Voluntary medical male circumcision (VMMC) decreases the risk of female-to-male HIV transmission by about 60%. I-TECH Network partner the Zimbabwe Technical Assistance, Training, and Education Center for Health (Zim-TTECH) supports innovative VMMC engagement solutions that are tailored to the populations they serve.
Caravans Allow for Mobile Services and Door-to-Door Outreach
Makumbe Hospital in Goromonzi District, Zimbabwe, serves a population of more than 100,000 people, including the rapidly expanding population of surrounding townships. Zim-TTECH-led consortium ZAZIC has run the Makumbe Hospital site since October 2018 and supports the VMMC team there.
This population within the hospital’s catchment area primarily comprises informal traders selling necessities such as groceries, garden produce, or second-hand clothes, while others run at-home small businesses that manufacture furniture, iron and steel products, and other wares.
“It’s difficult for economically active young men to leave their businesses and attend to VMMC at a venue away from their premises or market,” said Lewis Masimba, VMMC Program Manager at Zim-TTECH.
In light of this challenge, the team implemented a mobile caravan, which could increase the number of men receiving circumcisions by taking services out of the medical facility and bringing them closer to the concentrated settlements of Domboshava Showground, Mungate, and Mverechena townships and nearby farm compounds.
The caravan has been in use in the district since January 2023, and it has vastly shortening the period between client engagement and service delivery. In most cases, two mobilizers at a time will engage with potential clients within the townships, while another three will conduct intensive door-to-door visits in residential areas.
Mobilization efforts include one-on-one and small group discussions at market stalls, small businesses, and drinking spots, where mobilizers will answer questions and distribute information about VMMC. Sometimes the caravan is supported by a roadshow van and dancers who disseminate VMMC information through edutainment.
“The caravans have so many advantages,” said Mr. Masimba. “Men are able to access the VMMC services near their workplaces, minimizing disruptions to their daily routines. The caravan has also brought convenience and privacy to those who did not feel comfortable being ferried in program vehicles to and from the hospital.”
Since the site started utilizing the caravan, the number of men who have received VMMC each month has increased from 159 to 233 (Fig. 1).
On the heels of this success, the ZAZIC teams will continue exploring other combination approaches involving engagement activities such as pool/snooker, soccer, and music roadshows to reach hard-to-convince men in their localities.
Peer-to-Peer Learning Takes Center Stage in Performing Arts Program for Adolescents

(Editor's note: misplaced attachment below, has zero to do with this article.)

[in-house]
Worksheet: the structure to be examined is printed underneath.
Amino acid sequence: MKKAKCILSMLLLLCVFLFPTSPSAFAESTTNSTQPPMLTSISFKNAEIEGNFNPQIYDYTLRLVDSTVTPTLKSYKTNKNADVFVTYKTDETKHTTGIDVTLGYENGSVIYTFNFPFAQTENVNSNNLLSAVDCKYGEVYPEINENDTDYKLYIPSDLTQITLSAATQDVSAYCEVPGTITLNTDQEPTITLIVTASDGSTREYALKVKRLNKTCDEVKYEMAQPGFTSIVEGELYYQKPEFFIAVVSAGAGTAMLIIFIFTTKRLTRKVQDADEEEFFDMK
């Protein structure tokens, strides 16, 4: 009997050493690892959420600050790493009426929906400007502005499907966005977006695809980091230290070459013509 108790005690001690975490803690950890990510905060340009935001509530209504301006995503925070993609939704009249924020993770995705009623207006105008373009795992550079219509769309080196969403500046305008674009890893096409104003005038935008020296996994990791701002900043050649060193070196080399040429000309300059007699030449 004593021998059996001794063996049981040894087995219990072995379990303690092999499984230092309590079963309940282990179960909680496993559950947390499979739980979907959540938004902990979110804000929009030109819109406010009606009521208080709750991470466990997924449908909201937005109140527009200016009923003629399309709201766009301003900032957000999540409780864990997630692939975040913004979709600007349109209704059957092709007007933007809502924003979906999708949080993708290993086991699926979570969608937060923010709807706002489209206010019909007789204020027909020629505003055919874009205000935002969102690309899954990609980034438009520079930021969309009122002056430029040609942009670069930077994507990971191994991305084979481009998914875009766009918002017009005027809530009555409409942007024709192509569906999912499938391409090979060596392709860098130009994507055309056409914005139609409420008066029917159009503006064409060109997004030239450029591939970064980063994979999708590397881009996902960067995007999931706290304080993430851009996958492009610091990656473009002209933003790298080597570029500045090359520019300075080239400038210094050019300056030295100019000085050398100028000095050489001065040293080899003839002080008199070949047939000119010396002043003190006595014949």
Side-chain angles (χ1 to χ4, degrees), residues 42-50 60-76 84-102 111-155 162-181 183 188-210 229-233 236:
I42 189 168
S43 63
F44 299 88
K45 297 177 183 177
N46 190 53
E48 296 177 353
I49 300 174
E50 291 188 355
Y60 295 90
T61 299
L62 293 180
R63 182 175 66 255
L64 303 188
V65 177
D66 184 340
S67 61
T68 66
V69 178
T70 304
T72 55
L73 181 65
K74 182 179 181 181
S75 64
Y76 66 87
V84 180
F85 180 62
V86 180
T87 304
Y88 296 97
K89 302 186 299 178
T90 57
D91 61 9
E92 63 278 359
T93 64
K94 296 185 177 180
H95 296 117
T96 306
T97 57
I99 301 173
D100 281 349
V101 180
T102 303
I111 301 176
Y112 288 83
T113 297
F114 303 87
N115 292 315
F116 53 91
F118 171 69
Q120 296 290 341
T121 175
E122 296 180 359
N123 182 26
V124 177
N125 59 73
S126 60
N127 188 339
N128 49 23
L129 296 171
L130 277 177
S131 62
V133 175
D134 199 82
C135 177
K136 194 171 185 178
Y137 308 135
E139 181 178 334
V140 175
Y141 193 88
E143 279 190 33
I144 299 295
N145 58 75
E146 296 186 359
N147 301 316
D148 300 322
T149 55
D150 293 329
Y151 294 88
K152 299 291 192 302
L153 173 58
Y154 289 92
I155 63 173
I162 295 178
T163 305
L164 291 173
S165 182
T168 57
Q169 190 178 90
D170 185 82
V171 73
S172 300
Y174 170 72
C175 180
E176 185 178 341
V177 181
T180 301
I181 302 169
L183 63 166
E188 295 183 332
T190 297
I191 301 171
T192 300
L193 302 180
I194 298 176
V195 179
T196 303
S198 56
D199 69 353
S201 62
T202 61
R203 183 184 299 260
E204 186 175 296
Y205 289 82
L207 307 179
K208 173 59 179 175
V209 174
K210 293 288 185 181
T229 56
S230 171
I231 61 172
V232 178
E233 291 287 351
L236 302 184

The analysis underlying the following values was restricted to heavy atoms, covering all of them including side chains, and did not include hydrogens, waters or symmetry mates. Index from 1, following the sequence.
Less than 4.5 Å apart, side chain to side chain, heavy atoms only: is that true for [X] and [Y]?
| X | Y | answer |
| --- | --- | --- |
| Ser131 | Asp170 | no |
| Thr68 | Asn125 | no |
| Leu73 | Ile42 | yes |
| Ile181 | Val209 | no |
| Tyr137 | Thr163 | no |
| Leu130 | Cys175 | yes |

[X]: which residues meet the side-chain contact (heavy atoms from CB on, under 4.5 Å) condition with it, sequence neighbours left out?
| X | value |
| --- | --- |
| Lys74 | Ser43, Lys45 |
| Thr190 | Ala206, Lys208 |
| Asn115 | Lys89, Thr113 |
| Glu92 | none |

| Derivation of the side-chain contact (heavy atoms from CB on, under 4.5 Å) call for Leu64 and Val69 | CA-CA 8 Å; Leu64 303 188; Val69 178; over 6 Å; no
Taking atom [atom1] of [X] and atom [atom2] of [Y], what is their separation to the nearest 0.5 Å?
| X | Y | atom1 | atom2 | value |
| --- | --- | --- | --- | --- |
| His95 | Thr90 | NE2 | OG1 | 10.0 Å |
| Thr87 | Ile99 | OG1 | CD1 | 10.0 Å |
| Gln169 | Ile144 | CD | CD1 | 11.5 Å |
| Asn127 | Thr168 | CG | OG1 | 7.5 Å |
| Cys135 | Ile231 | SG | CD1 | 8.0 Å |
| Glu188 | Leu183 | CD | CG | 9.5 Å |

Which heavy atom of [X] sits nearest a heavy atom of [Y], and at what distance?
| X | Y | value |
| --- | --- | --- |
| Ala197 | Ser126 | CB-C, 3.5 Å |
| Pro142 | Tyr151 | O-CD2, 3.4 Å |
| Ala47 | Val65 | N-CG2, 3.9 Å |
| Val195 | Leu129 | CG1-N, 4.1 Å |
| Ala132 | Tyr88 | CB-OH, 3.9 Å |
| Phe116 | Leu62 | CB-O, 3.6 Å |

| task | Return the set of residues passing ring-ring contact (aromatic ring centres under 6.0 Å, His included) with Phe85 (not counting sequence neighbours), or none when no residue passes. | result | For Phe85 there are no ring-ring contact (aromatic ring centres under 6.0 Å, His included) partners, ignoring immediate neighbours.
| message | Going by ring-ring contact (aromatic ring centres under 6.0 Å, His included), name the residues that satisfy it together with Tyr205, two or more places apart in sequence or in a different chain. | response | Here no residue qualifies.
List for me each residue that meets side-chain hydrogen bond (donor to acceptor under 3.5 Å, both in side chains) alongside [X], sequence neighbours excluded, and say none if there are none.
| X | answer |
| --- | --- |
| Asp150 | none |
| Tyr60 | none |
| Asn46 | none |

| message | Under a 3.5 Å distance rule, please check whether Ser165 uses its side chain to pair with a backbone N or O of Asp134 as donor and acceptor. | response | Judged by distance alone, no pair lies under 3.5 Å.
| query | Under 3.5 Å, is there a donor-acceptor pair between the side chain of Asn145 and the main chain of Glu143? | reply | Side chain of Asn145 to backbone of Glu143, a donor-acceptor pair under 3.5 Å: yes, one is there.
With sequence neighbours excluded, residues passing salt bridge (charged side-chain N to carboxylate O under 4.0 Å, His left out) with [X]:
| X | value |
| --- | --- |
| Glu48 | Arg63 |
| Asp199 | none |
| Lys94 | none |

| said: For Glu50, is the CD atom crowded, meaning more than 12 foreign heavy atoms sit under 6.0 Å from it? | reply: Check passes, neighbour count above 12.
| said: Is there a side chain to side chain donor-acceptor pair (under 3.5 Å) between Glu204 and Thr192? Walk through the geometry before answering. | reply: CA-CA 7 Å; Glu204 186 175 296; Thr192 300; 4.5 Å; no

The performing arts have been used since time immemorial as motivators to rally communities toward common goals, to relieve stress, and as an effective teaching tool across diverse cultures and religious settings. They are a particularly effective method for engaging adolescents both in and out of schools. As teens seek independence from their parents, the influence of peers becomes increasingly important, and performing arts are a fantastic way to employ peer-to-peer learning strategies.
Harnessing these strategies, ZAZIC uses drama in several districts to complement efforts already made by VMMC teams and teachers who have previously used sporting events and lectures to communicate with students.
In a particularly successful case, Hurungwe District chose to use a drama competition to communicate VMMC and other health messages to adolescents. The goals of the competition included effective peer-to-peer learning, outreach to a large audience, and the demystification of VMMC.
Roadshows to promote the competition were held at major townships to create awareness of the event and invite members of the public to attend. Eight secondary schools enrolled in the competition, and teams of adolescents led the process of writing and directing short, 30-minute performances incorporating messages in a provided guide.
The guide emphasized use of appropriate language, the need to double-check facts; and encouragement of uptake of VMMC and related services, such as HIV testing and counseling and cervical cancer screening.
More than 1,000 people attended, including students, parents, and staff from all competing schools.
“Matawu Secondary School ultimately won the drama competition, but all of the schools did a wonderful job explaining VMMC and its benefits,” said Mr. Masimba. “Messaging also emphasized abstinence for adolescents, the importance of the HPV vaccine for girls, and details about the VMMC procedure. The level of accuracy of information was extremely high.”
Importantly, two of the performances highlighted communities that reject medical interventions and stressed the need for participation by all.
A total of 182 VMMCs were attained by adolescents aged 15 to 19 years old immediately after the competition. Those who were not ready were booked for the procedure and will be followed up with by school health masters and community mobilizers.